One of the great unsolved questions continues to be: what is my data worth? Context is always needed: worth to whom, under what circumstances, for what purpose? Still, supermarkets may give us a clue.
At Novara Media, Jake Hurfurt, who runs investigations for Big Brother Watch, has been studying suprmarket loyalty cards. He finds that increasingly only loyalty card holders have access to special offers, which used to be open to any passing customer.
Tesco now and Sainsburys soon, he says, “are turning the cost-of-living crisis into a cost-of-privacy crisis”,
Neat phrasing, but I’d say it differently: these retailers are taking advantage of the cost-of-living crisis to extort desperate people ito giving up their data. The average value of the discounts might – for now – give a clue to the value supermarkets place on it.
But not for long, since the pattern going forward is a predictable one of monopoly power: as the remaining supermarkets follow suit and smaller independent shops thin out under the weight of rising fuel bills and shrinking margins, and people have fewer choices, the savings from the loyalty card-only special offers will shrink. Not so much that they won’t be worth having, but it seems obvious they’ll be more generous with the discounts – if “generous” is the word – in the sign-up phase than they will once they’ve achieved customer lock-in.
The question few shoppers are in a position to answer while they’re strying to lower the cost of filling their shopping carts is what the companies do with the data they collect. BBW took the time to analyze Tesco’s and Sainsburys’ privacy policies, and found that besides identity data they collect detailed purchase histories as well as bank accounts and payment information…which they share with “retail partners, media partners, and service providers”. In Tesco’s case, these include Facebook, Google, and, for those who subscribe to them, Virgin Media and Sky. Hyper-targeted personal ads right there on your screen!
All that sounds creepy enough. But consider what could well come next. Also this week, a cross-party group of 50 MPs and peers and cosinged by BBW, Privacy International and Liberty, wrote to Frasers Group deploring that company’s use of live facial recognition in its stores, which include Sports Direct and the department store chain House of Fraser. Frasers Group’s purpose, like retailers and pub chains were trialing a decade ago , is effectively to keep out people suspected of shoplifting and bad behavior. Note that’s “suspected”, not “convicted”.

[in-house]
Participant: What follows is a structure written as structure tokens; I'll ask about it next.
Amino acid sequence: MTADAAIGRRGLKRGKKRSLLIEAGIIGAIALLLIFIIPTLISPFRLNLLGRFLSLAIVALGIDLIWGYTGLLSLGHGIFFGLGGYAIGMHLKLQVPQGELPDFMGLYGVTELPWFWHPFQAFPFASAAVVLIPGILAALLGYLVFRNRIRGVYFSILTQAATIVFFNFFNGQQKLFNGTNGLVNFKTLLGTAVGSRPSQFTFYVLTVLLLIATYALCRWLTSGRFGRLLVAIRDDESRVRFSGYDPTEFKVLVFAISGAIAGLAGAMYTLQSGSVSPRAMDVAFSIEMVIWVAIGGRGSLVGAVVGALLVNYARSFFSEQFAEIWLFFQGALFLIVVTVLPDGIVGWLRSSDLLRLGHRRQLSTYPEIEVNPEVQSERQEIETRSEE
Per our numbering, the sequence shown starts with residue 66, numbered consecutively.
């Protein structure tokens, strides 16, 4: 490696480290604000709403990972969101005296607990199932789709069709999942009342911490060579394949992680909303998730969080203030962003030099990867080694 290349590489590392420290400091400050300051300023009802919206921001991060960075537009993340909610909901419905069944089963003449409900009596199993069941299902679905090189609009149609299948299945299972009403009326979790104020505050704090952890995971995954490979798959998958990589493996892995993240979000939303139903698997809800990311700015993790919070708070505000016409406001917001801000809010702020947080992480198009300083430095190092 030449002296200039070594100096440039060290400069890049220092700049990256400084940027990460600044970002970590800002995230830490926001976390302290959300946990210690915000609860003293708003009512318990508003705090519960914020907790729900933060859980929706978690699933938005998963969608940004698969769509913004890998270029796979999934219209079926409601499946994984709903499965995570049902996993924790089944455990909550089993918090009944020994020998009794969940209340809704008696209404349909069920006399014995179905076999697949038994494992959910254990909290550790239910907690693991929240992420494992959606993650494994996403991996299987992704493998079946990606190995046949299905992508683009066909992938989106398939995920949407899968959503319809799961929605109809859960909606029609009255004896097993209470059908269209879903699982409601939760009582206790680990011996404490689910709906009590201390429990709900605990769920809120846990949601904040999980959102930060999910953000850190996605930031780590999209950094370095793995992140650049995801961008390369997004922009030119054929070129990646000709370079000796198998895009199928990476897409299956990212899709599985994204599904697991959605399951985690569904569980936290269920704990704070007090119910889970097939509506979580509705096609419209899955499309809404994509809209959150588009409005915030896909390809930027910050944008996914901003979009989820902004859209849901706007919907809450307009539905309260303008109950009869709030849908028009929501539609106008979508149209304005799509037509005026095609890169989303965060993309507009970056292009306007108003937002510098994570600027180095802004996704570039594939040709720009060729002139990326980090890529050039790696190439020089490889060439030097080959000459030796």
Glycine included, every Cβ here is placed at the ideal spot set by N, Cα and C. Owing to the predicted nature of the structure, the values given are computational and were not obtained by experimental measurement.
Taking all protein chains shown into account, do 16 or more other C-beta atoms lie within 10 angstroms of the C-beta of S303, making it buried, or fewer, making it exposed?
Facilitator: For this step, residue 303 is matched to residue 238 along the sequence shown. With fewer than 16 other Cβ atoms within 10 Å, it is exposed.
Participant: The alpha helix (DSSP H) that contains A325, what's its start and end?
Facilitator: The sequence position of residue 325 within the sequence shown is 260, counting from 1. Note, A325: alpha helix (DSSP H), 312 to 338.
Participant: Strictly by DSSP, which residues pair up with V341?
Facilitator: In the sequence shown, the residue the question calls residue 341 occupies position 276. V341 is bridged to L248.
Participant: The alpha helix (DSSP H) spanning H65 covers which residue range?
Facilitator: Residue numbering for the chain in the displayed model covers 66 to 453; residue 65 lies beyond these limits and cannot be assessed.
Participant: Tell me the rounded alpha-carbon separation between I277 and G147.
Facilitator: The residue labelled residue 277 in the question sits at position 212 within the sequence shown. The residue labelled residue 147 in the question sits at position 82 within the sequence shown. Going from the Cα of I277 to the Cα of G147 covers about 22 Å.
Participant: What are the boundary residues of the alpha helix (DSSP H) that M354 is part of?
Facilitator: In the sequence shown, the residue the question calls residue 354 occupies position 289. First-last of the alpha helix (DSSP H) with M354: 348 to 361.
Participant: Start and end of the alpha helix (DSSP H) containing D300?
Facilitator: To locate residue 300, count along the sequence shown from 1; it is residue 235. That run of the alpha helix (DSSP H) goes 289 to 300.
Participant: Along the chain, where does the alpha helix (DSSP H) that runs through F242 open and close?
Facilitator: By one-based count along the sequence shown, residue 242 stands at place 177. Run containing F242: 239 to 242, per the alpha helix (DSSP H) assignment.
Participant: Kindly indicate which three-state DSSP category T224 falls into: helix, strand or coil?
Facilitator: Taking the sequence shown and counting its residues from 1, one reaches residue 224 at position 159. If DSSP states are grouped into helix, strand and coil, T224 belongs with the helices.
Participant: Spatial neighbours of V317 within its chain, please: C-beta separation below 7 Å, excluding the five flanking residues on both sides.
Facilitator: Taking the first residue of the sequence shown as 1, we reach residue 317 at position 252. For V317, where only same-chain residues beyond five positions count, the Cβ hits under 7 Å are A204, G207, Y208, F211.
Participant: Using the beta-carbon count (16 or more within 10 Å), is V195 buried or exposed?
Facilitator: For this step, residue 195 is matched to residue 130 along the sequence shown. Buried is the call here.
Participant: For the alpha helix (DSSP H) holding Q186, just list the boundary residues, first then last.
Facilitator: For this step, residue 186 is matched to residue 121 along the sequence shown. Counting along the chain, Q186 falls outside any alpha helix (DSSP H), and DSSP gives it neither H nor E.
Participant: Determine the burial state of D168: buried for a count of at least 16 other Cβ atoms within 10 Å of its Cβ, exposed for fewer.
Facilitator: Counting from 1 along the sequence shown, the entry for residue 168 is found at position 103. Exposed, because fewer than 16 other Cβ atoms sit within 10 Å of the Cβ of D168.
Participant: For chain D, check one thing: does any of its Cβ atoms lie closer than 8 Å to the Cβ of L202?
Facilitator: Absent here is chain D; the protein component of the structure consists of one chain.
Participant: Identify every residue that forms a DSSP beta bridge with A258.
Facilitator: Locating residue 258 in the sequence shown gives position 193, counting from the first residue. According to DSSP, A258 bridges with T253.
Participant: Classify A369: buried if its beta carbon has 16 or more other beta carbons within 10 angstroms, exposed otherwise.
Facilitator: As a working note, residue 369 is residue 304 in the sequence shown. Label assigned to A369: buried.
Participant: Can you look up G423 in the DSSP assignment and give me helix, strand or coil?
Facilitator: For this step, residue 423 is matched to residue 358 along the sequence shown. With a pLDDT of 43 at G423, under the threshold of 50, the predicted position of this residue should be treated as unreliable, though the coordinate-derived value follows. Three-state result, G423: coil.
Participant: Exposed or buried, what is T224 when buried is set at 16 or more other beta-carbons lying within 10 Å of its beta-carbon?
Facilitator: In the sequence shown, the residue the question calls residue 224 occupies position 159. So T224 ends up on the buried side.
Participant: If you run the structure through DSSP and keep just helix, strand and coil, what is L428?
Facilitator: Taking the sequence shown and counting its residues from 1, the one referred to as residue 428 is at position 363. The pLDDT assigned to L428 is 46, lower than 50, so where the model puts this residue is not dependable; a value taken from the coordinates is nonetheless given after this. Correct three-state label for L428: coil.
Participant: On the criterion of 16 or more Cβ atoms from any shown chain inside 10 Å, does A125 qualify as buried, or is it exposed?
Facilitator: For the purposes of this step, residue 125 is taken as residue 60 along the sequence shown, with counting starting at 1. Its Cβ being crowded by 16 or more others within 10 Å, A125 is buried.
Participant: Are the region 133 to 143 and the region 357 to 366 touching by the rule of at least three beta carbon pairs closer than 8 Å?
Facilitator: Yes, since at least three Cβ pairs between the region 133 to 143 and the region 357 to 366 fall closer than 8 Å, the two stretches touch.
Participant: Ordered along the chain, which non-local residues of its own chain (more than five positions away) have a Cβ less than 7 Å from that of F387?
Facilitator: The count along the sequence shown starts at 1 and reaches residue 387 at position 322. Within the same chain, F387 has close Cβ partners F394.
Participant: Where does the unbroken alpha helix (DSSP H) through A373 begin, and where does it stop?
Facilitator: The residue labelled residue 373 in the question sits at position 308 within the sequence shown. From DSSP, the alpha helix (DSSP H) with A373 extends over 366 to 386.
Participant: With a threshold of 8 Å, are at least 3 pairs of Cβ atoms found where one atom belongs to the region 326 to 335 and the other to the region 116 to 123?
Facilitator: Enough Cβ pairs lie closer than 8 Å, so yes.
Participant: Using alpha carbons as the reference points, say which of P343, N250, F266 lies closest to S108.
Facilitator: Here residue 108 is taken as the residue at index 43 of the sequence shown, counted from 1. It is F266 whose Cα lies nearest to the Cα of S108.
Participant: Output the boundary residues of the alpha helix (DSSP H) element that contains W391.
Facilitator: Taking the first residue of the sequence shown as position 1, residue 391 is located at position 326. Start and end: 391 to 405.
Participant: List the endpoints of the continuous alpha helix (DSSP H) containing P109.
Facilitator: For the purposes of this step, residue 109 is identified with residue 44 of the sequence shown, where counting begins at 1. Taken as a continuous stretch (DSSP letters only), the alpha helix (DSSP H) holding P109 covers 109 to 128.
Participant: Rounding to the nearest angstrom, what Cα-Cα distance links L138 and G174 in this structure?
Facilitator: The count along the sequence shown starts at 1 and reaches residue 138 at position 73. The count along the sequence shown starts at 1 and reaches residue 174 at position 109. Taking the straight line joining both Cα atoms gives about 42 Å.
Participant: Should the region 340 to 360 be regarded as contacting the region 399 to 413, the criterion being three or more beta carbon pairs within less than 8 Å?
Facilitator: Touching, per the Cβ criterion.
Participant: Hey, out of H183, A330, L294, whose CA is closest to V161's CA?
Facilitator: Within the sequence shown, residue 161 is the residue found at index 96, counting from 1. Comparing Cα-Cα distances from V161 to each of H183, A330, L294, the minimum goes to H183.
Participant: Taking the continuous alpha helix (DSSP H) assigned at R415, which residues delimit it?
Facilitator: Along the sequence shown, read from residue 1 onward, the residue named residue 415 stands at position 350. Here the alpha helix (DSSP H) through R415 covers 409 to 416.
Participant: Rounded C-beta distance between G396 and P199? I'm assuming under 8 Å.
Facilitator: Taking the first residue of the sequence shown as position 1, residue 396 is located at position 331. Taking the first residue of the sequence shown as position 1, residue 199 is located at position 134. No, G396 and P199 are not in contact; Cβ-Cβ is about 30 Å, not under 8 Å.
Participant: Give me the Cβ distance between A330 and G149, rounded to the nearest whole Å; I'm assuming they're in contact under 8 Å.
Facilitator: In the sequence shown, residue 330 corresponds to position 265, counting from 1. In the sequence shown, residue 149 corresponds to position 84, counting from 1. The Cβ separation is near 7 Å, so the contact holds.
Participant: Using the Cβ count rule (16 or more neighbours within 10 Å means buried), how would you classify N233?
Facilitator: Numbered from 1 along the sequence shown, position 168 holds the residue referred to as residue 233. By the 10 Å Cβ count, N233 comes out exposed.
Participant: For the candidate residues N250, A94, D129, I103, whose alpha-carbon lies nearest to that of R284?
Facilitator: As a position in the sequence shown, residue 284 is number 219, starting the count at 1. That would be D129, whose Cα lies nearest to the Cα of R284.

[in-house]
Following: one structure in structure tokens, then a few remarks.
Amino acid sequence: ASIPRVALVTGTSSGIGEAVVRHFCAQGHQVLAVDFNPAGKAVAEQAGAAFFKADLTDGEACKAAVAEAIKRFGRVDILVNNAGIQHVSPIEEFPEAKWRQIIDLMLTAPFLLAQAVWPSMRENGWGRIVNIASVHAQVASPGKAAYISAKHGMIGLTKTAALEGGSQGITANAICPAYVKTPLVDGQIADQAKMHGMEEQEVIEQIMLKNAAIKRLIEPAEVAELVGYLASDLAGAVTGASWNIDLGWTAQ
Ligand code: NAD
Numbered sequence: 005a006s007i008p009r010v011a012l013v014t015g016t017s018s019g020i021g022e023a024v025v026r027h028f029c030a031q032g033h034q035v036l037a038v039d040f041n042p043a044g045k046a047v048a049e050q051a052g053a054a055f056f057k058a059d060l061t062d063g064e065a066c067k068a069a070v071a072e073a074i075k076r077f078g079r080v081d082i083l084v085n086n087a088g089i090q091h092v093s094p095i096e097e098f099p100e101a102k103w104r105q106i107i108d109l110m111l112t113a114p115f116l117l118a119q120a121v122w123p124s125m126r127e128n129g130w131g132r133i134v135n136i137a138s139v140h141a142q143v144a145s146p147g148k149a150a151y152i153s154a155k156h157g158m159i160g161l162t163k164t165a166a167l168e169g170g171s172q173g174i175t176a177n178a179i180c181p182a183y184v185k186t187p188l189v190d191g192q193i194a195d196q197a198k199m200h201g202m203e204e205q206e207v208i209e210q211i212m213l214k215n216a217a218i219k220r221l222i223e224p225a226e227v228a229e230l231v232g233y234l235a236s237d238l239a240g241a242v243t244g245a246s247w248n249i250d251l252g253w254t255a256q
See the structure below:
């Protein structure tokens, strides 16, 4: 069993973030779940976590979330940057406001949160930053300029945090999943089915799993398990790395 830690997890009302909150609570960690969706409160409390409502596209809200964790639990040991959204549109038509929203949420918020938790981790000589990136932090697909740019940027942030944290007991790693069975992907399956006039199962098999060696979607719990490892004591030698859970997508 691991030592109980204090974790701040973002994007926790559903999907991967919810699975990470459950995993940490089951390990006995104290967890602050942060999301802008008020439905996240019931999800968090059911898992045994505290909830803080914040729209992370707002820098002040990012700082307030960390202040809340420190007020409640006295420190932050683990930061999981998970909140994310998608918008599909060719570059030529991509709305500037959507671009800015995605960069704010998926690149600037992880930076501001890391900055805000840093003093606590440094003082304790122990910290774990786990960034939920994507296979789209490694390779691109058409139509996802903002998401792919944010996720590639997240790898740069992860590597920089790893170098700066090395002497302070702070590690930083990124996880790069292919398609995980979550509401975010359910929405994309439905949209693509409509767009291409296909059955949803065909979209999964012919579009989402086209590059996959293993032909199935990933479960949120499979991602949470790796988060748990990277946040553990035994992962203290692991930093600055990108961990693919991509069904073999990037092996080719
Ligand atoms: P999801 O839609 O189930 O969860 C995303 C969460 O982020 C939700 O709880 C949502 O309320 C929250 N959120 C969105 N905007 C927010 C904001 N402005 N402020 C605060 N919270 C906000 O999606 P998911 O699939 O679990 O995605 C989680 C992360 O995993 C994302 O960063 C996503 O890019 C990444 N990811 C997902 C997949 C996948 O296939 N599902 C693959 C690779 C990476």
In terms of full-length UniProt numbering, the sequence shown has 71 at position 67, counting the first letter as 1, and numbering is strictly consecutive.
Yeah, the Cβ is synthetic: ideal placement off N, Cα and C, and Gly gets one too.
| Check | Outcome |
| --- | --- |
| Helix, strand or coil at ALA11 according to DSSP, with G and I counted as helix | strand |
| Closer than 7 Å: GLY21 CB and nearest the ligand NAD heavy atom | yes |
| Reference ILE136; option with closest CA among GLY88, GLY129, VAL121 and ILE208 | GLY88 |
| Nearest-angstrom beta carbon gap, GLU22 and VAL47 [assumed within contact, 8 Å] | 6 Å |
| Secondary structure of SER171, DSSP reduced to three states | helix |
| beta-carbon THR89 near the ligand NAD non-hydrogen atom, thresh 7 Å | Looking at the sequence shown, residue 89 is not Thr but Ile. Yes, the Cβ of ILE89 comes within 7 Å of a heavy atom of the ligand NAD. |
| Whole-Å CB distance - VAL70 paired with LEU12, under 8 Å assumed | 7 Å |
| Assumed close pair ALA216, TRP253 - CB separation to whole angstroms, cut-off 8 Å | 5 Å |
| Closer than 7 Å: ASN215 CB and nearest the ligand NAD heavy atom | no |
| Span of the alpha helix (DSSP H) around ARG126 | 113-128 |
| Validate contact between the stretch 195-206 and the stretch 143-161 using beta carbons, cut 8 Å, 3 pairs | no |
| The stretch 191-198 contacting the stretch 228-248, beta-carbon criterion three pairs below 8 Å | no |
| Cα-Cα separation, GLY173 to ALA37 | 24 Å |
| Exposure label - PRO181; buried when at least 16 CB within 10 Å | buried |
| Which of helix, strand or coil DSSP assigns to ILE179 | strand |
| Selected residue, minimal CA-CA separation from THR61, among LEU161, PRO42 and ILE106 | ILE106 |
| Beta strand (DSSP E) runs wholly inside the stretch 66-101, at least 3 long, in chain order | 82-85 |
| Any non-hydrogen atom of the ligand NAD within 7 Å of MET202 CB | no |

What happens as these different privacy invasions start to combine?
A store equipped with your personal shopping history and financial identity plus live facial recognition cameras, knows the instant you walk into the store who you are, what you like to buy, and how valuable a customer your are. Such a system, equipped with some sort of socring, could make very fine judgments. Such as: this customer is suspected of stealing another customer’s handbag, but they’re highly profitable to us, so we’ll let that go. Or: this customer isn’t suspected of anything much but they look scruffy and although they browse they never buy anything – eject! Or even: this journalist wrote a story attacking our company. Show them the most expensive personalized prices. One US entertainment company is already using live facial recognition to bar entry to its venues to anyone who works for any law firm involved in litigation against it. Britain’s data protection laws should protect us against that sort of abuse, but will they survive the upcoming bonfire of retained EU law?
And, of course, what starts with relatively anodyne product advertising becomes a whole lot more sinister when it starts getting applied to politics, voter manipulation and segmentation, and the “pre-crime” systems
Add the possibilities of technology that allows retailers to display personalized pricing in-store, just like an online retailer could do in the privacy of your own browser, Could we get to a scenario where a retailer, able to link your real world identity and purchasing power to your online nd offline movements could perform a detailed calculation of what you’d be willing to pay for a particular item? What would surge pricing for the last remaining stock of the year’s hottest toy on Christmas Eve look like?
This idea allows me to imagine shopping partnerships, where the members compare prices and the partner with the cheapest prices buys that item for the whole group. In this dystopian future, I imagine such gambits would be banned.
Most of this won’t affect people rich enough to grandly refuse to sign up for loyalty cards, and none of it will affect people rich and eccentric enough to do source everything from local, independent shops – and, if they’re allowed, pay cash.
Four years ago, Jaron Lanier toured with the proposal that we should be paid for contributing to commercial social media sites. The problem with this idea was and is that payment creates a perverse incentive for users to violate their own privacy even more than they do already, and that fair payment can’t be calculated when the consequences of disclosure are perforce unknown.
The supermarket situation is no different. People need food security and affordability, They should not have to pay for that with their privacy.
Illustrations: .London supermarket checkout, 2006 (via Wikimedia.